Updated: Jun 17
Stories are a crucial form of representing a population or a place. The narrative style that stories hold has a descriptive nature which convinces the readers and listeners of the content portrayed in words. This particular style develops the interest and engages the audience that aims to learn about a place or its people. However, who tells the story and what story is told speaks volumes about the domain of representation.
Chimamanda Ngozi Adichie, a famous Nigerian writer, aptly asserts in her TEDtalk on single stories that “Stories matter, but complete stories, not single stories or a side of the story that suits the storyteller as that leads to stereotypes and inaccurate representation.” Stories have a deep link with the power dynamic as those in power create the stories to overrule people. They repeat the story to an extent that it becomes a reality and a way to control people and their mindsets, as done by governments in the history of mankind.
It has been 73 years since the British colonization of South Asia, but the stories that we have bought into and believed are the only stories we know. British media circulated a form of art through novels, movies, textbooks, and news that adjusted our minds according to that culture. For instance, I, along with many of my friends, grew up reading the Harry Potter series and looked up to the lifestyle those characters had. I would associate myself with the likes and dislikes of those characters, their British accent, haircuts, favorite drinks, etc. As the time passed and I critically thought about it, I realized that I never owned my own culture or read any Urdu literature with passion and interest, as much as I always read English books. I could never feel authentic to my own culture as Western outfits appealed to me more than my local dresses of “Shalwar Kameez”. Even if I acknowledge that bias today, there is a certain level of discomfort I experience if I consider myself a Pakistani Muslim.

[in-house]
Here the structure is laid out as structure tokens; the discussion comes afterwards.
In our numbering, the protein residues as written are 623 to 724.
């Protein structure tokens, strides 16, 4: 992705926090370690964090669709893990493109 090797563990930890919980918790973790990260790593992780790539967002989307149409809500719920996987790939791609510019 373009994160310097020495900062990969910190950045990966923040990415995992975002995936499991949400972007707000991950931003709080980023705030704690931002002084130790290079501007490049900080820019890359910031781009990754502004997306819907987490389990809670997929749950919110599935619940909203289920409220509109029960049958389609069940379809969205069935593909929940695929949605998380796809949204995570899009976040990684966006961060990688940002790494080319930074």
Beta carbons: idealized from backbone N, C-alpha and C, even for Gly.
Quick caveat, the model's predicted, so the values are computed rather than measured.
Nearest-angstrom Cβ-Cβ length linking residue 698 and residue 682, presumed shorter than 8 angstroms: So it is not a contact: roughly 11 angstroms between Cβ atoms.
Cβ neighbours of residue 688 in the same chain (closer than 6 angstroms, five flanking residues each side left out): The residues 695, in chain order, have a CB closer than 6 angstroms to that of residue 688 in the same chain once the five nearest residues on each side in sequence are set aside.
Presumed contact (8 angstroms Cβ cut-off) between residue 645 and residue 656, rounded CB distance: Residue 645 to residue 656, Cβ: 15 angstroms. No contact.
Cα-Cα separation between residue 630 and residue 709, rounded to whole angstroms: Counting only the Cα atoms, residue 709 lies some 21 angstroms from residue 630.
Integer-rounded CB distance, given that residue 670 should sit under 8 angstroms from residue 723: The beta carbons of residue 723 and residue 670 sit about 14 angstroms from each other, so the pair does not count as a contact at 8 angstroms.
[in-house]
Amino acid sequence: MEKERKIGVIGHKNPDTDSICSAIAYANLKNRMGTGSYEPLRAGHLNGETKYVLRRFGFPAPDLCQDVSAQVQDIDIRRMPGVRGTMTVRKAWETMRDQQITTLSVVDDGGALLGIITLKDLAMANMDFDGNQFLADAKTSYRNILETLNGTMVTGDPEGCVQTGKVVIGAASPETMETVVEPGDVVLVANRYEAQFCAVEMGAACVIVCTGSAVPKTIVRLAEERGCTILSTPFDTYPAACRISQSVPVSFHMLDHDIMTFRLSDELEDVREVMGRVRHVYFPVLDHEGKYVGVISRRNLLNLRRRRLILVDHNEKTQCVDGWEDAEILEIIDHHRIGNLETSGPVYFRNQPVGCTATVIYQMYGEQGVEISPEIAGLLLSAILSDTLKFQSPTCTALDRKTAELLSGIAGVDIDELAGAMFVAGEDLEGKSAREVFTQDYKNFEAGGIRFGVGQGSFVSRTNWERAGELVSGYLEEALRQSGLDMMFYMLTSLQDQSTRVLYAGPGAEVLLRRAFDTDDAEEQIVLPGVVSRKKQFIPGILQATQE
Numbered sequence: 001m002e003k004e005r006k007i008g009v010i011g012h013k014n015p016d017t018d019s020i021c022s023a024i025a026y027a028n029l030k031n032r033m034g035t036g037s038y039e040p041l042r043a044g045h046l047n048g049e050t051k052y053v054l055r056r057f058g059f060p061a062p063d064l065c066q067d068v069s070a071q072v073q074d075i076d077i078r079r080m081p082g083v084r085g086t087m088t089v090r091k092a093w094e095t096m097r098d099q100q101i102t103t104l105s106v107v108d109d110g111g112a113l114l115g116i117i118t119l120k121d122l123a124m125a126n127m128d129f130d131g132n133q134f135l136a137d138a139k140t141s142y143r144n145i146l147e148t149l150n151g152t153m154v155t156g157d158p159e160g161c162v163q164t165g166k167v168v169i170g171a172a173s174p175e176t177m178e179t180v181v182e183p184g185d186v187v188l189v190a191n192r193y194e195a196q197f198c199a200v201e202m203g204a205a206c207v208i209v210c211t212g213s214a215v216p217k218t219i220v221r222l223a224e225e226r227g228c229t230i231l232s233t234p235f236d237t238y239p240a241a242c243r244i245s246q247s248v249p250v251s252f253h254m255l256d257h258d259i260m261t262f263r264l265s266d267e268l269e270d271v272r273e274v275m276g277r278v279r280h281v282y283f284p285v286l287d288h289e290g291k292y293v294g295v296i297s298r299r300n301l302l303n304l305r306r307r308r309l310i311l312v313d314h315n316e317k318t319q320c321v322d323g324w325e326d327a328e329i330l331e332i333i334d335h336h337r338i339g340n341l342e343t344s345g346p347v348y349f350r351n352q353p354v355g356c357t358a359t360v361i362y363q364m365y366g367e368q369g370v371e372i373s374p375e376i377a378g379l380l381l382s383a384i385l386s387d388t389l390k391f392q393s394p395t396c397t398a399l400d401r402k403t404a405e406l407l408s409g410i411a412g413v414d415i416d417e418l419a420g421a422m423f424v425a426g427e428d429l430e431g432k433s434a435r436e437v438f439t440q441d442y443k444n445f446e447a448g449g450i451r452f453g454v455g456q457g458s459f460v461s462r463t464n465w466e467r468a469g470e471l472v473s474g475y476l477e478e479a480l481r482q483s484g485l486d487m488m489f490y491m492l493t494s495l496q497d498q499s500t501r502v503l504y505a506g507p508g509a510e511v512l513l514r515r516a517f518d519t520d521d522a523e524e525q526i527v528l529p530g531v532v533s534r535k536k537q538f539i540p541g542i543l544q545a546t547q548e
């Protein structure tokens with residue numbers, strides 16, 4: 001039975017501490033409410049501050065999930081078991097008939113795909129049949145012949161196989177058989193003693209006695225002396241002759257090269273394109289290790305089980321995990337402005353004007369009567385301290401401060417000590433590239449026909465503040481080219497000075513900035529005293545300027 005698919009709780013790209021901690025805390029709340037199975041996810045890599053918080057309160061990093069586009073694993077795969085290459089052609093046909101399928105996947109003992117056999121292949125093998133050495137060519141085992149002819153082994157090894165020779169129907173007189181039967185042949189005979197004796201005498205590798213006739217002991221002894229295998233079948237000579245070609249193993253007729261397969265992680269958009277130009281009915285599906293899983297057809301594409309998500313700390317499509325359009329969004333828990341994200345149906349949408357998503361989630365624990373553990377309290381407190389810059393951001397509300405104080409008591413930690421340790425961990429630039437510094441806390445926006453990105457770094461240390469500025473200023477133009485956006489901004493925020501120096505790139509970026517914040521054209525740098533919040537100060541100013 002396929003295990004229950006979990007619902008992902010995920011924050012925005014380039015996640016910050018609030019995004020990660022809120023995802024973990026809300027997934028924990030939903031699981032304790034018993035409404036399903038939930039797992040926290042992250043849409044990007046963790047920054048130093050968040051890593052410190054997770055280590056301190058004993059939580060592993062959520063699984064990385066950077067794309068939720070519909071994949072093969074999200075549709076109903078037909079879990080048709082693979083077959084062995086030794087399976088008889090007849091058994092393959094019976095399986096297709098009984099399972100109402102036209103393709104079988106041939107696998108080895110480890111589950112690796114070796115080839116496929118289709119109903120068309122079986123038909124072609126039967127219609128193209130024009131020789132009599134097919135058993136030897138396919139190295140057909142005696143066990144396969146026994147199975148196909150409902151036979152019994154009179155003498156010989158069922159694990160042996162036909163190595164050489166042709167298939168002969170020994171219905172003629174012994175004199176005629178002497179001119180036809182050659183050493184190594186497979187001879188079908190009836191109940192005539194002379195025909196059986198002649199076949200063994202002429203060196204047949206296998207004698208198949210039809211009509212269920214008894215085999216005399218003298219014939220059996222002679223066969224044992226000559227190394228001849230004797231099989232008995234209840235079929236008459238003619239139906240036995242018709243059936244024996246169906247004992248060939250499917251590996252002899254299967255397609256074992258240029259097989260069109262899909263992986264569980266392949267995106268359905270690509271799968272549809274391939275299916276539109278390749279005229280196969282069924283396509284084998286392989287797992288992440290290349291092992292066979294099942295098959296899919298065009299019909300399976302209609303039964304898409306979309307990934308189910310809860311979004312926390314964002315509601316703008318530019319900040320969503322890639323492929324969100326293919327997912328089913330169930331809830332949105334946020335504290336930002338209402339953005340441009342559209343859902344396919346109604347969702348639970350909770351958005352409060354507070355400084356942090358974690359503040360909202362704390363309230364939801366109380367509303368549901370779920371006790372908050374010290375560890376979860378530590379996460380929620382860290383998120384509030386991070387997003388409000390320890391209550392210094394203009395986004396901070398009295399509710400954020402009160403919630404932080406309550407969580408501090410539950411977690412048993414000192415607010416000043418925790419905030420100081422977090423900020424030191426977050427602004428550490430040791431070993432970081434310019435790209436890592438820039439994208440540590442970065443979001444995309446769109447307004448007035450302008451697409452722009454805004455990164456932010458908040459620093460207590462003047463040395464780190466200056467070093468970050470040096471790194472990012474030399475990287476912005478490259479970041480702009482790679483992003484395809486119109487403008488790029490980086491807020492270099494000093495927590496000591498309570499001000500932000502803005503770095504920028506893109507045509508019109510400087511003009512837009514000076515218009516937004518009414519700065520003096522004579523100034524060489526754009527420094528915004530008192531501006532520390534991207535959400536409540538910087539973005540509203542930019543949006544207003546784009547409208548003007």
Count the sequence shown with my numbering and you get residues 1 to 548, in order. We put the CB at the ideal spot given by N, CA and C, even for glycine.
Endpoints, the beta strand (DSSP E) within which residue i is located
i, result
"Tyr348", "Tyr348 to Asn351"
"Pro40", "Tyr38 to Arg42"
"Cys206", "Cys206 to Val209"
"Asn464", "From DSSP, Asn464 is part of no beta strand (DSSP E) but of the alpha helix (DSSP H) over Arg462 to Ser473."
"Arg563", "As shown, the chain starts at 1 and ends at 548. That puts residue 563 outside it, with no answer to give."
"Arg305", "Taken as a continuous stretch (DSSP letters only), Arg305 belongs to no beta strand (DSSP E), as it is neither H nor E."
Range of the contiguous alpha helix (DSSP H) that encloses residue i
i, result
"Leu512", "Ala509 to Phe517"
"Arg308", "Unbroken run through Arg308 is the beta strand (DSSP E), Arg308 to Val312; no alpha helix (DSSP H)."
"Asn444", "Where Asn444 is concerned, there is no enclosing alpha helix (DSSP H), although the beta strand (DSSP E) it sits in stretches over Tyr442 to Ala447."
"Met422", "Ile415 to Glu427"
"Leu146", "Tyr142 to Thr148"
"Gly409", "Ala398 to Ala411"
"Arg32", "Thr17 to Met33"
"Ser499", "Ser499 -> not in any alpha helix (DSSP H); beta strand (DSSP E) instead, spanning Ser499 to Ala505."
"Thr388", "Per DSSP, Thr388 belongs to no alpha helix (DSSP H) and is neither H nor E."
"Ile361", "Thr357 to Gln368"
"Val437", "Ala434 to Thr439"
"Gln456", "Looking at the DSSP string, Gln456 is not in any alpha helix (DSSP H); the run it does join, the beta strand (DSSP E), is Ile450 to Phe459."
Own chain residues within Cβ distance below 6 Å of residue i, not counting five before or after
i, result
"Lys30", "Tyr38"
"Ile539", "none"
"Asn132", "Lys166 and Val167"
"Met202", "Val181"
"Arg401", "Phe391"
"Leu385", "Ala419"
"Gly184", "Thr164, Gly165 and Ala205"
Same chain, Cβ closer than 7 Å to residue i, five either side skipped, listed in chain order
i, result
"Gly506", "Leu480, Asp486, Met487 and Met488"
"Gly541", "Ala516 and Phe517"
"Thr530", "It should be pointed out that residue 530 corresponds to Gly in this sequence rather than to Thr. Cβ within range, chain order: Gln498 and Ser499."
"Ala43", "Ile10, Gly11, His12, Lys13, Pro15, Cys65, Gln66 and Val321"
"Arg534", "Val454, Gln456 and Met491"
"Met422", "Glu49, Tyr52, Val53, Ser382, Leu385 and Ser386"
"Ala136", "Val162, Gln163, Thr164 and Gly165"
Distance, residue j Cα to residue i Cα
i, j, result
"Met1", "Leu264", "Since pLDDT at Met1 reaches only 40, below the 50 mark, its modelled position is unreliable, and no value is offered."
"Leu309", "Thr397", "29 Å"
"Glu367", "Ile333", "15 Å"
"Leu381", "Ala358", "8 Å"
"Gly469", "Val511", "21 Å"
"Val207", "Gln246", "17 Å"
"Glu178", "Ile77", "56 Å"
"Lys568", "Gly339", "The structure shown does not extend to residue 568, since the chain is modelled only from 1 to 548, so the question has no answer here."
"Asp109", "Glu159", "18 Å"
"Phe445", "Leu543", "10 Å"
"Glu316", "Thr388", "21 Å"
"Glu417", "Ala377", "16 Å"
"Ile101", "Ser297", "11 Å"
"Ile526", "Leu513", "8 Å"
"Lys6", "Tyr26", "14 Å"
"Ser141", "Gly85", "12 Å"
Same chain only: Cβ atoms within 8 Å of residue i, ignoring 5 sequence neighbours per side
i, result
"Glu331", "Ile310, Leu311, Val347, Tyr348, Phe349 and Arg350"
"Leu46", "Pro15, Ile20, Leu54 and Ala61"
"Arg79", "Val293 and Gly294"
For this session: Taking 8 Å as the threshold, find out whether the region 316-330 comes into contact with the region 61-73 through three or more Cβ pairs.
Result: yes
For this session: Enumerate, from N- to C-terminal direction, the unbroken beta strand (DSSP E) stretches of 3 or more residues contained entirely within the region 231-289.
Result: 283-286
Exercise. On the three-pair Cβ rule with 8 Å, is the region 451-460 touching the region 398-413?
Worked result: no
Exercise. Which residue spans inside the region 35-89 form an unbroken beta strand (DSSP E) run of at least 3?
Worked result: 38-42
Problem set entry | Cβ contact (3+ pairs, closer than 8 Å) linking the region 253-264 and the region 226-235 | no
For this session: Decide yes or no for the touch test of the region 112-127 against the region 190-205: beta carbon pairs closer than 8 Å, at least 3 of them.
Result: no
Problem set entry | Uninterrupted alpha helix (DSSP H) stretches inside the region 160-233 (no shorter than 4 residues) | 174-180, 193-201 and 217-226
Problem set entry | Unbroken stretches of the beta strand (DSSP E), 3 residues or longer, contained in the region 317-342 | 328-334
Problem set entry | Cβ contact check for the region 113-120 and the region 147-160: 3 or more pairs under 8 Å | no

When I look at the story of Muslims that is shared across countries through the image that “Muslims are backward and terrorists”, it blows me away. Every time I hear this statement in the media, I feel the urge to change the narrative as there is much more to Muslims who are open-minded, progressive, hospitable, respectful, and peacemakers. One can only clear the picture from their heads by meeting a diverse range of Muslims, instead of generalizing their one-time experience to the whole community. There are similar and popular notions about Pakistan which is an “unsafe” country to live in and crimes are common. But I, a Pakistani citizen, can confidently negate that it is not the complete story about my country or my people. There are strangers on the road who also ensure your safety, and genuinely care for you so that you may reach home safely. We have beautiful places to visit that come under top tourist destinations in the world. My people are spending a handsome amount on quality education for children so that we develop empathy and compassion to serve the community.
As I contemplate why I feel so distant and uncomfortable with owning my identity as a Pakistani Muslim, it becomes imperative for me to think that there is a two-way power dynamic in play. The way I perceive my culture, looking downward at it, is an image created by colonizers that is engrossed in me. I was conditioned into believing that studying “English novels” is important in order to progress and reach the epitome of success. The constant story that I was told that “we are not good enough” chained me into believing that this was true.
Ironically, when I look at the image that others have about Pakistanis, the sympathy, pity, and fear that I see in their eyes further reiterates for me that something is problematic with my identity or the place where I come from. Because those in power who manipulated the image of my own culture and people in my eyes through “their stories”, have also shown the worse side of my population or my identity in the stories across the globe. How I’ve been conditioned to see myself, and how others have been conditioned to see me is what causes tension whenever I try to own my identity.
I am not the first person to experience this dilemma. Many colonized populations have encountered this conflict in themselves and I am only one among millions. How we are represented is controlled by the people who create the stories. It is high time that we question the stories we hear and read on a daily basis and look into the ramifications of it. It is absolutely critical to scrutinize whether the story is coming from a local, or a foreigner who studied that local from “their” perspective. Stories matter because they can change and impact the mindsets of people. However, it is tragic that we only know half of the stories we come across and accept them as true without knowing the full side of them. You and I are a story too in someone else’s book or screen. Who is the storyteller and what story he/she is telling about us, becomes eminent in the form of hatred, enmity, and negatively ingrained beliefs that are now prevalent around us. But how we react to it makes all the difference.
Amna Sheikh is an in-house writer at Perspective.